Worried about government’s disconnect with nature

I am worried about government's disconnect with nature. I know some of Premier Christy Clark's MLAs live in the country, and I would hope they all take as many opportunities as they can to connect with nature.

Dear editor,

I am writing as a concerned citizen of British Columbia.

I am not a left wing environmental freak. I am a solid citizen of B.C.

I own my own home, I have a full-time job and pay taxes. I am a mother, a grandmother, a worker, and a volunteer.

I love this province as much as I love my family. This is my home and I am passionate about protecting it.

I am worried about government’s disconnect with nature. I know some of Premier Christy Clark’s MLAs live in the country, and I would hope they all take as many opportunities as they can to connect with nature.

I hope she takes time, too, to take a walk in the forest, to snorkel with salmon, to hike a mountain and stand surrounded by wildflowers and birdsong.

I live in Fanny Bay. I moved here for the peace and tranquility, for the connection with nature, for the sweetest drinking water I have ever tasted, for a place where eagles fly so close over my head, I can hear the air moving around their wings.

It is paradise, no question. Please watch this video, which comes from the heart, and see if you can find that connection we all share here — http://youtube/65MlHYIV2XU.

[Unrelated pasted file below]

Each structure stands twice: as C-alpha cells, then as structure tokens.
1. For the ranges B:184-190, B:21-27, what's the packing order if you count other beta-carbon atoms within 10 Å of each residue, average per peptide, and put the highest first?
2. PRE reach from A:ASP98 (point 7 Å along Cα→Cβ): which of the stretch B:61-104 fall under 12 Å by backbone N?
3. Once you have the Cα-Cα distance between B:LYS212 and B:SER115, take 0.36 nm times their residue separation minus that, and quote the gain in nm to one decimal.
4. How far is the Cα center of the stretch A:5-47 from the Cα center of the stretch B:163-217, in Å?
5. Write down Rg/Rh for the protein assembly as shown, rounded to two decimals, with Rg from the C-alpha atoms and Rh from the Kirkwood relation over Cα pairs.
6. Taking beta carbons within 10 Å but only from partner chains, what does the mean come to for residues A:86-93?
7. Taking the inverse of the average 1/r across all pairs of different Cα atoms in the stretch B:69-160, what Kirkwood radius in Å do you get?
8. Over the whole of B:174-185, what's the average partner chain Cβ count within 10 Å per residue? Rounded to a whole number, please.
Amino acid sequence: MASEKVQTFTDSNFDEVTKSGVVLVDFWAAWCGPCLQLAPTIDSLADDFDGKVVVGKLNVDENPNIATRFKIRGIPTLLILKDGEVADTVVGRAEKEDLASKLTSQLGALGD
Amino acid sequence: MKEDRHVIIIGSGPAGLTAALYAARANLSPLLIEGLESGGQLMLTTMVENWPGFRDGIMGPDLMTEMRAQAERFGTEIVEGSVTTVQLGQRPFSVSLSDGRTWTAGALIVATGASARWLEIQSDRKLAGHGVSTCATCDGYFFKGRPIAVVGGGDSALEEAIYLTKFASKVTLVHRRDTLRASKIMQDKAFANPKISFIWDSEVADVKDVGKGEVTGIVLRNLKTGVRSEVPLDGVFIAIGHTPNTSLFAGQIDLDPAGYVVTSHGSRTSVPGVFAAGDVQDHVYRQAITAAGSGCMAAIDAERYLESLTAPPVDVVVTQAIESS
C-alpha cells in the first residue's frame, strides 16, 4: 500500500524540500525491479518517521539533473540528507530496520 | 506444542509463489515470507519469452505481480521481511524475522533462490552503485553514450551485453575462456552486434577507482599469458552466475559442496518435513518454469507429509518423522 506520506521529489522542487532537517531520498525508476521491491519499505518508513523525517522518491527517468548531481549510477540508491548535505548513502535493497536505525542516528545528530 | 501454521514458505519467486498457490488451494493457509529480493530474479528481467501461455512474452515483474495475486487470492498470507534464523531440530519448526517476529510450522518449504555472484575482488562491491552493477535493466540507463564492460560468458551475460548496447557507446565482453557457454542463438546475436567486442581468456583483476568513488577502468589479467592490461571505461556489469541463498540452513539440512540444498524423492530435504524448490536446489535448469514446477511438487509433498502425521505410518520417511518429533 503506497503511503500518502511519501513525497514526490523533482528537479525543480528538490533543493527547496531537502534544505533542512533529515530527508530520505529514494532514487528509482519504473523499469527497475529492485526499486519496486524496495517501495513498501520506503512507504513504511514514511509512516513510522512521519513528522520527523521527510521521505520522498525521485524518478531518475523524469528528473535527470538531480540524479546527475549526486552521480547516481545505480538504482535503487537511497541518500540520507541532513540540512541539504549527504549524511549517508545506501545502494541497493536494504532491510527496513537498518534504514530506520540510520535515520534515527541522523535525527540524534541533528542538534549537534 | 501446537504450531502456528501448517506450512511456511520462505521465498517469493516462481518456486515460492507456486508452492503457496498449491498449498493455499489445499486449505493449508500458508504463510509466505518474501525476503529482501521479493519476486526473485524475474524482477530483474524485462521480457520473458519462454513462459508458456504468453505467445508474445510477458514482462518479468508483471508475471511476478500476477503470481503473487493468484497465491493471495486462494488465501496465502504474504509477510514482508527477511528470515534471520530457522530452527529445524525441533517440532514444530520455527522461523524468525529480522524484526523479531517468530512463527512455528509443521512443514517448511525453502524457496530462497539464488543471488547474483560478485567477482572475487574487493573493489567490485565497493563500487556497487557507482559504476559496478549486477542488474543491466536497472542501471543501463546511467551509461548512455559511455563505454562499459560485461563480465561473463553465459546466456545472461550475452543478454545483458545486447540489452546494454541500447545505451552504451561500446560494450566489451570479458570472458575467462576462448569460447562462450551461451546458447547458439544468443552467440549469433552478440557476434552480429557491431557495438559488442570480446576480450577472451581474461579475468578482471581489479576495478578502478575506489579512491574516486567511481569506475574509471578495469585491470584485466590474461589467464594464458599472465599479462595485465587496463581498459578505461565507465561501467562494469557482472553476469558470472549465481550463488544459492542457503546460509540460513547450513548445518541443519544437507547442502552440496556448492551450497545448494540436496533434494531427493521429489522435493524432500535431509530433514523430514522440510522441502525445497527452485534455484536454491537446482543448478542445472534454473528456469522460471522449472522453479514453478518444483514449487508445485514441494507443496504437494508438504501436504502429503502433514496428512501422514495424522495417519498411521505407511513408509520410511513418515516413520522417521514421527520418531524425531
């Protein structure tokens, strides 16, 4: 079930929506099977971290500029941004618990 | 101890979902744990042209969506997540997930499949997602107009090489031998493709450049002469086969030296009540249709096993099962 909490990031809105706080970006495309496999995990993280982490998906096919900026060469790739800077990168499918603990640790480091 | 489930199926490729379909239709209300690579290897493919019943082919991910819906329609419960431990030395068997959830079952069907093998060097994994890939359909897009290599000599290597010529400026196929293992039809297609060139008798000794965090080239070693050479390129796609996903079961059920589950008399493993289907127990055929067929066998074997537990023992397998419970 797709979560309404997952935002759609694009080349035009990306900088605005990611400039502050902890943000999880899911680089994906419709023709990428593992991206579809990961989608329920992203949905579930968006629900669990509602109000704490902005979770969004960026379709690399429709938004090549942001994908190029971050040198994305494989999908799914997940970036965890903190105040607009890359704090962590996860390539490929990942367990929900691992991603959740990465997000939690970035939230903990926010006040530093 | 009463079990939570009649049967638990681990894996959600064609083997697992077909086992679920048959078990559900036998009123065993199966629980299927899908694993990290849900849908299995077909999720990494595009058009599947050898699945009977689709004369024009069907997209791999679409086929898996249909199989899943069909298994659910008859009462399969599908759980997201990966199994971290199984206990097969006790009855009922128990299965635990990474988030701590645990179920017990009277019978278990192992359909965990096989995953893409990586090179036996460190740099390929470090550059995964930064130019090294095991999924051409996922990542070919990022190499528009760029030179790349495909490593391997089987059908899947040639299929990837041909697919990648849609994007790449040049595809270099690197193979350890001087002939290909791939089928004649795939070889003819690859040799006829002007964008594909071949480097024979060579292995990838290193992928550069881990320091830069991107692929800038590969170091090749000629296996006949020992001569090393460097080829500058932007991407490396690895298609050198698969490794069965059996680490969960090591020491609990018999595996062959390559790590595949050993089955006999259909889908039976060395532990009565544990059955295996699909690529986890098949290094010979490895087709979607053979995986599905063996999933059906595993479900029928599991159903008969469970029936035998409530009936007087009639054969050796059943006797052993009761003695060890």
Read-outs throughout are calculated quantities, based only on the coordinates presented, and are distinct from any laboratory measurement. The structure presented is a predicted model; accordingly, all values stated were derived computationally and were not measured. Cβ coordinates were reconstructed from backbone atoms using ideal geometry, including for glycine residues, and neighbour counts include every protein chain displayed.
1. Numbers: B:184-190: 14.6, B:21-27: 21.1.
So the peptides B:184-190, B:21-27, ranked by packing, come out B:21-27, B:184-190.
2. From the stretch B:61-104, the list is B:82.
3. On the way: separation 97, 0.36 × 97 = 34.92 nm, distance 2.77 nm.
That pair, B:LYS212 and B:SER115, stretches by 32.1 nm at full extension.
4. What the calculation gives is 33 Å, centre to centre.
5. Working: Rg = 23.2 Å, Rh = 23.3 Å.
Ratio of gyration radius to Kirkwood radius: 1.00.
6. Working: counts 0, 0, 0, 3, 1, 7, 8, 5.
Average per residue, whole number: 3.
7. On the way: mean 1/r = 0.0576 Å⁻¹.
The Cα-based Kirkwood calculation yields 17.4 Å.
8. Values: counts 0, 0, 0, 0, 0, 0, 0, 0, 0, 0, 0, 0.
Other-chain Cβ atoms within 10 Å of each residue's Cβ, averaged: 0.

It is not just Fanny Bay we fight for. It is a planet in crisis.

The premier asks us what we stand for. I have spent hundreds of hours researching the negative (and positive) aspects of coal mining, but I would be happy to spend just as much time exploring other opportunities for British Columbia.

Just off the cuff, how about green energy, how about fresh drinking water, how about growing fish in pens on land where they don’t impact wild salmon, how about putting the same carbon tax on coal for people who import coal from B.C., and then how about using that carbon tax to support green energy, how about bio-fuels,  how about standing up for the environment and people’s health instead of the economy and big business, how about organic food, how about encouraging people to get healthy?

These are just a few ideas. No, they may not pay $100k a year like the coal companies sing in their siren songs, but they would be good, honest, sustainable jobs. We consume too much and we are writing cheques the planet can’t cash.

GDP as we know it is not sustainable. Maybe we don’t all need a bunch of junk from K-Mart.

Maybe we could live more simple lives and leave something good for our children.

People are starting to wake up. We are watching catastrophic events all around us and we can’t carry on with our heads in the sand.

Without pressure, there is no change.

Lynne Wheeler,

Fanny Bay